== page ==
Coffee, Caffeine and Diabetes

Some days I’m not really a morning person while other days I am. One thing that I do love about mornings is waking up and enjoying a nice cup of joe (coffee).  When I hear coffee, the first thing that comes to mind is Starbucks and their various sugar filled concoctions; but let me inform you that I’m the type of coffee drinker that really enjoys the taste and flavor of plain, black coffee. Even though I enjoy a cappuccino as a morning meal once in a blue moon, I withhold from using cream and sugar in my coffee. Coffee not only gives me an extra boost in the morning but a CNN Health article states that coffee may help reduce the risk of type 2 diabetes. Well I’m a coffee lover and love hearing news about coffee so I decided to dig deeper.

I found a great website showing the health benefits of coffee and explored some of the studies reference regarding coffee and type 2 diabetes. Studies indicated that the development of type 2 diabetes can be reduced with moderate coffee consumption; in fact multiple studies have shown the positive correlation between coffee consumption and reduction in type 2 diabetes. Habitual coffee consumption was also associated with greater insulin sensitivity with one study having results showing that coffee consumption lead to higher fasting glucose and insulin concentrations.

On the other hand, caffeine by itself seems to have a negative effect on managing type 2 diabetes as it can lead to glucose intolerance, insulin resistance and an increase in blood glucose levels when ingesting caffeine with carbohydrates.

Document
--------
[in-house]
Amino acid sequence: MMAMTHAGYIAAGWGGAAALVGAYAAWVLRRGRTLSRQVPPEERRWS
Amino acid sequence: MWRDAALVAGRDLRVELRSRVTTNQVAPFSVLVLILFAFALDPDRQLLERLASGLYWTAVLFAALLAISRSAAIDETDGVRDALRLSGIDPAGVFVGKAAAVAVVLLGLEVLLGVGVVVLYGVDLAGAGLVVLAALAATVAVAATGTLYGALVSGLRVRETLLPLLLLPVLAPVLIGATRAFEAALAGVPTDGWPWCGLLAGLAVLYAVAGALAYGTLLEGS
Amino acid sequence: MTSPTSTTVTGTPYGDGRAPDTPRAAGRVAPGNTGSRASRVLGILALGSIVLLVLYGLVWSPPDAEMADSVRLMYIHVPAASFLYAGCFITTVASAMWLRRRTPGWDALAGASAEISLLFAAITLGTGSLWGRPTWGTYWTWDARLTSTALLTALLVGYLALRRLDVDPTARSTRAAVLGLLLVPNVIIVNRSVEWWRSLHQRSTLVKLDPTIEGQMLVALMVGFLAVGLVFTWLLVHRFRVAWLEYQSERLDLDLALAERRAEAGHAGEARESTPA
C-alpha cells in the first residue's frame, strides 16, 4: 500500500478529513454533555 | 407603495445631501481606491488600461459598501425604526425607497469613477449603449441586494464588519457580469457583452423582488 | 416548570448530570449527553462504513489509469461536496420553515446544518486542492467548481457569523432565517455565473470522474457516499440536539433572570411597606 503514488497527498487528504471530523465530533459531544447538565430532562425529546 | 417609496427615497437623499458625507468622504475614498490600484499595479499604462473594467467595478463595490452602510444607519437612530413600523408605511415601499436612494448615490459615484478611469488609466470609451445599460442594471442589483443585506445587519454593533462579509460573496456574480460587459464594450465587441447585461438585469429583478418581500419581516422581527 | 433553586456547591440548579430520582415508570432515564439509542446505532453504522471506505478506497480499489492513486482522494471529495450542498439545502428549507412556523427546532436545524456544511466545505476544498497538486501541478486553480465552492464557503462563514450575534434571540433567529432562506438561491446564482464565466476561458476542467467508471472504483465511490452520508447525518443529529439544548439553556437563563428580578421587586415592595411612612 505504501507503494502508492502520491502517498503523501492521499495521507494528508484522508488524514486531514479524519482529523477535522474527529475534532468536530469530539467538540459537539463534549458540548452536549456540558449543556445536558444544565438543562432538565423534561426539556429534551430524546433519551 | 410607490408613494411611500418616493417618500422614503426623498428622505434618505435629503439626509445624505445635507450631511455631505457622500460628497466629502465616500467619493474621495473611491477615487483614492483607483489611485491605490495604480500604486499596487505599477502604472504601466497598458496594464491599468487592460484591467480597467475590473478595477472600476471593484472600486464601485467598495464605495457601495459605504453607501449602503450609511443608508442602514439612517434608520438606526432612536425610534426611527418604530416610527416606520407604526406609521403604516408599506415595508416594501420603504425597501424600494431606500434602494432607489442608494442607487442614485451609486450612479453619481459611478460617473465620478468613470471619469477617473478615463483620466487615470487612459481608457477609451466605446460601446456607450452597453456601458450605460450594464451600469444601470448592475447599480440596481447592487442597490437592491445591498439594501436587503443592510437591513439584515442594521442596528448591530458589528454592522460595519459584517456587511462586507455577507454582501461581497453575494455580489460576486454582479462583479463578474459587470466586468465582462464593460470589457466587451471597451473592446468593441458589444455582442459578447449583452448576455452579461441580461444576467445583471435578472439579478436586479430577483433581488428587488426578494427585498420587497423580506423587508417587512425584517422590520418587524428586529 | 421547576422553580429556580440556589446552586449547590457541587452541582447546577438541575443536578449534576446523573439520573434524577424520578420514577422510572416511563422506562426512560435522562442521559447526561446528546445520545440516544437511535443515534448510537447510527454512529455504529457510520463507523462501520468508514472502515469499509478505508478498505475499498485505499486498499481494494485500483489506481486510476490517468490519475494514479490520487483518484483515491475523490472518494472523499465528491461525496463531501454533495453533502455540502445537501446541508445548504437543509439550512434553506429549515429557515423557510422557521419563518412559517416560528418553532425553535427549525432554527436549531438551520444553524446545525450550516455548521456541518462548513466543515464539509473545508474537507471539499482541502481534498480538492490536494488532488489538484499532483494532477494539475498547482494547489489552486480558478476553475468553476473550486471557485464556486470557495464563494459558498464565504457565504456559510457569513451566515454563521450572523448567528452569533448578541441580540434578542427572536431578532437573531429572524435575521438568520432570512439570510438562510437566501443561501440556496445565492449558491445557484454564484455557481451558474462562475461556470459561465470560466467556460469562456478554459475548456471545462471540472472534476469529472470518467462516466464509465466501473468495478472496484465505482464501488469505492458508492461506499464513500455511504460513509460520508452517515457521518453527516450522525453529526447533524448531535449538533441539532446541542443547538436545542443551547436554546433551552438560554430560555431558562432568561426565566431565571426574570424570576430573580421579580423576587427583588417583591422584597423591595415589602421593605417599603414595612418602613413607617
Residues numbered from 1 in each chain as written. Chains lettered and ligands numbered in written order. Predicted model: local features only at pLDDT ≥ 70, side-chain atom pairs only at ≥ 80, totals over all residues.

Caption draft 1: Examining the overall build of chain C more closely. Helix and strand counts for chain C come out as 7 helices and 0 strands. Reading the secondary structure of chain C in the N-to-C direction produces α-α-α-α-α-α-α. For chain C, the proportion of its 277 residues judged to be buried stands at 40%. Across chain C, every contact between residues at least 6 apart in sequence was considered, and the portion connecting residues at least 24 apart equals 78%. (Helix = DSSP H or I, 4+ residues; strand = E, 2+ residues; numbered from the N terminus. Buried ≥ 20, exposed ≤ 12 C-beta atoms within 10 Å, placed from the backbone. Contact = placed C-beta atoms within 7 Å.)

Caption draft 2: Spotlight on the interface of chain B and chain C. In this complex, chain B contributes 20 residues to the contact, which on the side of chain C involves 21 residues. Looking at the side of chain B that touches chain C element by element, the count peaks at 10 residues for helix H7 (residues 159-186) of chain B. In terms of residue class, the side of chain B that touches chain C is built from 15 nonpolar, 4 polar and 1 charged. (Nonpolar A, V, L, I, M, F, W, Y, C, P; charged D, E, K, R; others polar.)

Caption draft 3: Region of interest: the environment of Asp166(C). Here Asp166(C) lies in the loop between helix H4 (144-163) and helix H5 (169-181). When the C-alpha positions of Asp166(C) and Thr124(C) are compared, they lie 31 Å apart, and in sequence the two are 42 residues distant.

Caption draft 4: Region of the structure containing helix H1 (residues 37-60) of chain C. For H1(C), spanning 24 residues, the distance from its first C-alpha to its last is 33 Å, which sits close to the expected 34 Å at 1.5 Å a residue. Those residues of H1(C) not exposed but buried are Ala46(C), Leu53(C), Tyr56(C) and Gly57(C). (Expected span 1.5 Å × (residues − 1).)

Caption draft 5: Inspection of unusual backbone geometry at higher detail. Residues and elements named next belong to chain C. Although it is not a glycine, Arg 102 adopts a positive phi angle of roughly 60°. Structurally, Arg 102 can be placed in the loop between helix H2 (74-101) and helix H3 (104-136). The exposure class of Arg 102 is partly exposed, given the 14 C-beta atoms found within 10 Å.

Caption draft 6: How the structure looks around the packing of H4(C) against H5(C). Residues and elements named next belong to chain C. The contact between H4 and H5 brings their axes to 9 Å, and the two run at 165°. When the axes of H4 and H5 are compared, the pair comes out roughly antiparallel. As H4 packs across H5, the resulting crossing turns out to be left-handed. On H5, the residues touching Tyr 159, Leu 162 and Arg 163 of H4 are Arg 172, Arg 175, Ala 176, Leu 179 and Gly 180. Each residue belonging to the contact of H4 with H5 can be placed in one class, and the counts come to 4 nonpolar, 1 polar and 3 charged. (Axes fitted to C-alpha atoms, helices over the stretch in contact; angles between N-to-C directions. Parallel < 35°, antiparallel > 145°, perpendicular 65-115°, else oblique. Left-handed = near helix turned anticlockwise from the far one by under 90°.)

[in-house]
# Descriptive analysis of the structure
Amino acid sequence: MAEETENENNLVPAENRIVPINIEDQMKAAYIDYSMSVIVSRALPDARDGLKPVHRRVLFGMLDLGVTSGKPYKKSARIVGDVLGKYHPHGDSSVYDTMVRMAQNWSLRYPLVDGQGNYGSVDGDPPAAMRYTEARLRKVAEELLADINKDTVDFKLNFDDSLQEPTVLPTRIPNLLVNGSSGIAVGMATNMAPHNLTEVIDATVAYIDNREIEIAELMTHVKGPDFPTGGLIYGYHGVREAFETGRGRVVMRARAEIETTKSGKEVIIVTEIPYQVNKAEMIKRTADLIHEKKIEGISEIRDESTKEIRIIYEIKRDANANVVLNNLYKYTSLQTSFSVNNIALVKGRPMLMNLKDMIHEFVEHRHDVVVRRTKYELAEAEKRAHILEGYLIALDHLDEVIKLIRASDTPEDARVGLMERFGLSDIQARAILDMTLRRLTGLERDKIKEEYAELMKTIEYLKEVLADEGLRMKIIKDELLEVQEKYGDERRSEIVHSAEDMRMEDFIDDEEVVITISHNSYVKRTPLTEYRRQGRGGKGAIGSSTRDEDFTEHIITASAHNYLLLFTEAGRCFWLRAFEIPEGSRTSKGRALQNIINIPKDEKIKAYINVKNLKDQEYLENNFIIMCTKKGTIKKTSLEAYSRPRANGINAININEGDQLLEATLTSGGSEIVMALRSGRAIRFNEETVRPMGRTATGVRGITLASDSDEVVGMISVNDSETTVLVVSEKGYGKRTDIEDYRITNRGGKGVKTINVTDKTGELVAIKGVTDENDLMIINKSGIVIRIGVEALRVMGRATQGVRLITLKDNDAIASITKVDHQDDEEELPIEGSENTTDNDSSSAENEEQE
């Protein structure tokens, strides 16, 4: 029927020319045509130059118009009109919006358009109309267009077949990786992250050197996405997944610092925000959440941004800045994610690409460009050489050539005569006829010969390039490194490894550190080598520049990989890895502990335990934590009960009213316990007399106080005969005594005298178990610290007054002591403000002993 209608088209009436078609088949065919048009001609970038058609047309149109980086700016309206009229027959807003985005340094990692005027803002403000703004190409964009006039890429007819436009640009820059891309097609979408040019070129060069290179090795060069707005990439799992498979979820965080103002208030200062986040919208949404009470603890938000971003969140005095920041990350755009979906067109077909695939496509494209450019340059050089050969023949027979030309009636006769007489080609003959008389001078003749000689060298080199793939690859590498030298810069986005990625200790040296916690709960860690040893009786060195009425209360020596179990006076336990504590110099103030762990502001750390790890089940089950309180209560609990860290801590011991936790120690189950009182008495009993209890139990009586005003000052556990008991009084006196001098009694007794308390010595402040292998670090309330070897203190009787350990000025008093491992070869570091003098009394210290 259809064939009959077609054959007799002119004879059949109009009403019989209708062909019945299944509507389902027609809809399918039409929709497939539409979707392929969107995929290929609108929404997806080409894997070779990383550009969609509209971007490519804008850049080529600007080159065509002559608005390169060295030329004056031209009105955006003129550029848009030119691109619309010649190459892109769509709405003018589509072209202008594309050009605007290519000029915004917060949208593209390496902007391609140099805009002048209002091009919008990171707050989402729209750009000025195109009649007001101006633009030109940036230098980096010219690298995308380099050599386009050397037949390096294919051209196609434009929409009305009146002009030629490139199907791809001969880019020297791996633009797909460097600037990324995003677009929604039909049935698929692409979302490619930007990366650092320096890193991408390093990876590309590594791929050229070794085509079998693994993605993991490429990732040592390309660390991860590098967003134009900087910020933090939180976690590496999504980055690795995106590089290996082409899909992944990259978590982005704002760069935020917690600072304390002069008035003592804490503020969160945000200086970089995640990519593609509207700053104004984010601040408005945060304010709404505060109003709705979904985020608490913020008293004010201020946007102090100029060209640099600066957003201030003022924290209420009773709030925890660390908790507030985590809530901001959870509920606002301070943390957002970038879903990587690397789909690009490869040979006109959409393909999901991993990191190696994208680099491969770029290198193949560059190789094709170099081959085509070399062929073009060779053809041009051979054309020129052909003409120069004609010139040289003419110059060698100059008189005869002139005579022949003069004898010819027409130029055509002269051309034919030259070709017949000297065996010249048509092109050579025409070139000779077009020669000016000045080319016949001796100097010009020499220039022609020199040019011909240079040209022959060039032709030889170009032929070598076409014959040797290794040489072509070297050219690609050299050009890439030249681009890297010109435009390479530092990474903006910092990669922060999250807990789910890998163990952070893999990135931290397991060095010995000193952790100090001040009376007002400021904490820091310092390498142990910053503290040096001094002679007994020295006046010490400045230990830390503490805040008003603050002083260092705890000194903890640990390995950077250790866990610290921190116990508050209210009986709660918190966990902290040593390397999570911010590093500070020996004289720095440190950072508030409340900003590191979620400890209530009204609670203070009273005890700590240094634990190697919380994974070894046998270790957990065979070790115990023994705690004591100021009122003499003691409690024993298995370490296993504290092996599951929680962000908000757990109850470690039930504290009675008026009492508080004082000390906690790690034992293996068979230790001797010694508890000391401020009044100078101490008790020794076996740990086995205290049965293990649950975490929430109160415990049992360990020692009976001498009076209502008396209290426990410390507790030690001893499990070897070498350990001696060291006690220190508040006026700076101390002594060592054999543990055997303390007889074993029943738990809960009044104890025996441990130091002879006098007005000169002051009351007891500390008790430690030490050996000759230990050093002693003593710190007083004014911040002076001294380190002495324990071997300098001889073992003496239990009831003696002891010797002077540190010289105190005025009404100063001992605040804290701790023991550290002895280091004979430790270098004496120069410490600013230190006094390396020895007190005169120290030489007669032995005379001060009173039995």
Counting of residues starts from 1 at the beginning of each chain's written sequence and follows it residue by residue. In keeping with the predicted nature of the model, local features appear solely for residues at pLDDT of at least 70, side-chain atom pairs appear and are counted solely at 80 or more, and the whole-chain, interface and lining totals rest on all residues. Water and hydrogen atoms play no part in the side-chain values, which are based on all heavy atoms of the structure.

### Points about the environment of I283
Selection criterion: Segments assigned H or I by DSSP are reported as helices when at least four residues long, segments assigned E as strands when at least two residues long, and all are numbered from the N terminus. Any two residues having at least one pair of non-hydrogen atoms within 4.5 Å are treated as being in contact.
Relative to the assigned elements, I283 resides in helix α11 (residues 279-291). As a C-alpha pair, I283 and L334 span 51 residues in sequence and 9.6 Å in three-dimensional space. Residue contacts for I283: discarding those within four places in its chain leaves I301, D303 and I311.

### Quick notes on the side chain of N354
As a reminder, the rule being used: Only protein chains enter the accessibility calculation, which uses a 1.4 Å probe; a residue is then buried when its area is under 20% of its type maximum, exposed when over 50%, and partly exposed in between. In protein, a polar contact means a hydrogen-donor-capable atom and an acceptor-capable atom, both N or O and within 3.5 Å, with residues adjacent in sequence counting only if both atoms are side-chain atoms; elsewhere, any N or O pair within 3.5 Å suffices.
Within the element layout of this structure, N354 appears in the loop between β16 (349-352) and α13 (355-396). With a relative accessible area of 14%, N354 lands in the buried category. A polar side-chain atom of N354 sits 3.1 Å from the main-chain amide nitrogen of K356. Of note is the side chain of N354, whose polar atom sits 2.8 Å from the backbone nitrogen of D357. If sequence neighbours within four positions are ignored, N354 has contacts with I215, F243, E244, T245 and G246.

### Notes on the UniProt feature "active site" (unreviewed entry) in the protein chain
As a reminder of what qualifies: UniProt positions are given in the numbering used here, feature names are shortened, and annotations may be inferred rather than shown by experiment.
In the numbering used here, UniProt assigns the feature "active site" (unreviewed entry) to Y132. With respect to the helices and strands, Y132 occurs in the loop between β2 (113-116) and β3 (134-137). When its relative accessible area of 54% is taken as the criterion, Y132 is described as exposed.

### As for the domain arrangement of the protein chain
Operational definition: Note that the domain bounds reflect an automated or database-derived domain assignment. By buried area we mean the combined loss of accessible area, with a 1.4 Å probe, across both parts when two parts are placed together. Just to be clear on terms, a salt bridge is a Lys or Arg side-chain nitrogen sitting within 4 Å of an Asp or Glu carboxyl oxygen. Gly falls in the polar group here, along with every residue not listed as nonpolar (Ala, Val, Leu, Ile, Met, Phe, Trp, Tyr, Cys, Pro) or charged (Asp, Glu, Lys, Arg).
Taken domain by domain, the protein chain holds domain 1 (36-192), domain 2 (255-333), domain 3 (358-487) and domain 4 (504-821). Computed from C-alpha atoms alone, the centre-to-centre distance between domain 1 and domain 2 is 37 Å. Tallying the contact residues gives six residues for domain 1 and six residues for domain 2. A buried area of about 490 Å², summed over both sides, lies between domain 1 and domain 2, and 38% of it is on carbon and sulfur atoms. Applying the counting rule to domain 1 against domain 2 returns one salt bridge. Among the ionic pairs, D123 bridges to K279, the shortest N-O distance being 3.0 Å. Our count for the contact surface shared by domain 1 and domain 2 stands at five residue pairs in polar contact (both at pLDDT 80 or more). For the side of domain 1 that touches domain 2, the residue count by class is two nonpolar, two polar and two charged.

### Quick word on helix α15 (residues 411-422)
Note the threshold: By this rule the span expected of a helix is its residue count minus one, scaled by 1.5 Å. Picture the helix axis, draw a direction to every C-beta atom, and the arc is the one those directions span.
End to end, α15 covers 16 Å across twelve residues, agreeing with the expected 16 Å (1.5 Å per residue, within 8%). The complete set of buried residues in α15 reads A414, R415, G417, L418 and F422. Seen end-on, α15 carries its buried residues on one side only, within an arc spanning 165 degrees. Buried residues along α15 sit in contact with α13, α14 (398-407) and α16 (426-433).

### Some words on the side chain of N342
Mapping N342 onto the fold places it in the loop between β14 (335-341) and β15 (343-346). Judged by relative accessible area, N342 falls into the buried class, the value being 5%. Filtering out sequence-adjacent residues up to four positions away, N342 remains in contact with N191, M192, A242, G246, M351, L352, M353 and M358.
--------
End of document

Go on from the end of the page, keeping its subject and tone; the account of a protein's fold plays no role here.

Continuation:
The good thing is that the majority of research on diabetes and caffeine reveals that caffeine does not increase the risk of someone developing type 2 diabetes and actually helps to decrease the risk. But for people that are already diagnosed with type 2 diabetes, their caffeine consumption should be limited as it impairs glucose metabolism in diabetics while also increasing blood glucose levels. The big takeaways are that if you have not been diagnosed with type 2 diabetes, then drinking coffee will lower your chances of developing the disease. But if you are already a diabetic (type 1 or 2), then coffee and caffeine intake may need to be limited as caffeine impairs glucose metabolism, reduces insulin sensitivity and raises blood glucose levels.

For some fun coffee humor as well as insightful facts about coffee, take a look at the following sites with fun doodles:

The Oatmeal

I Love Coffee

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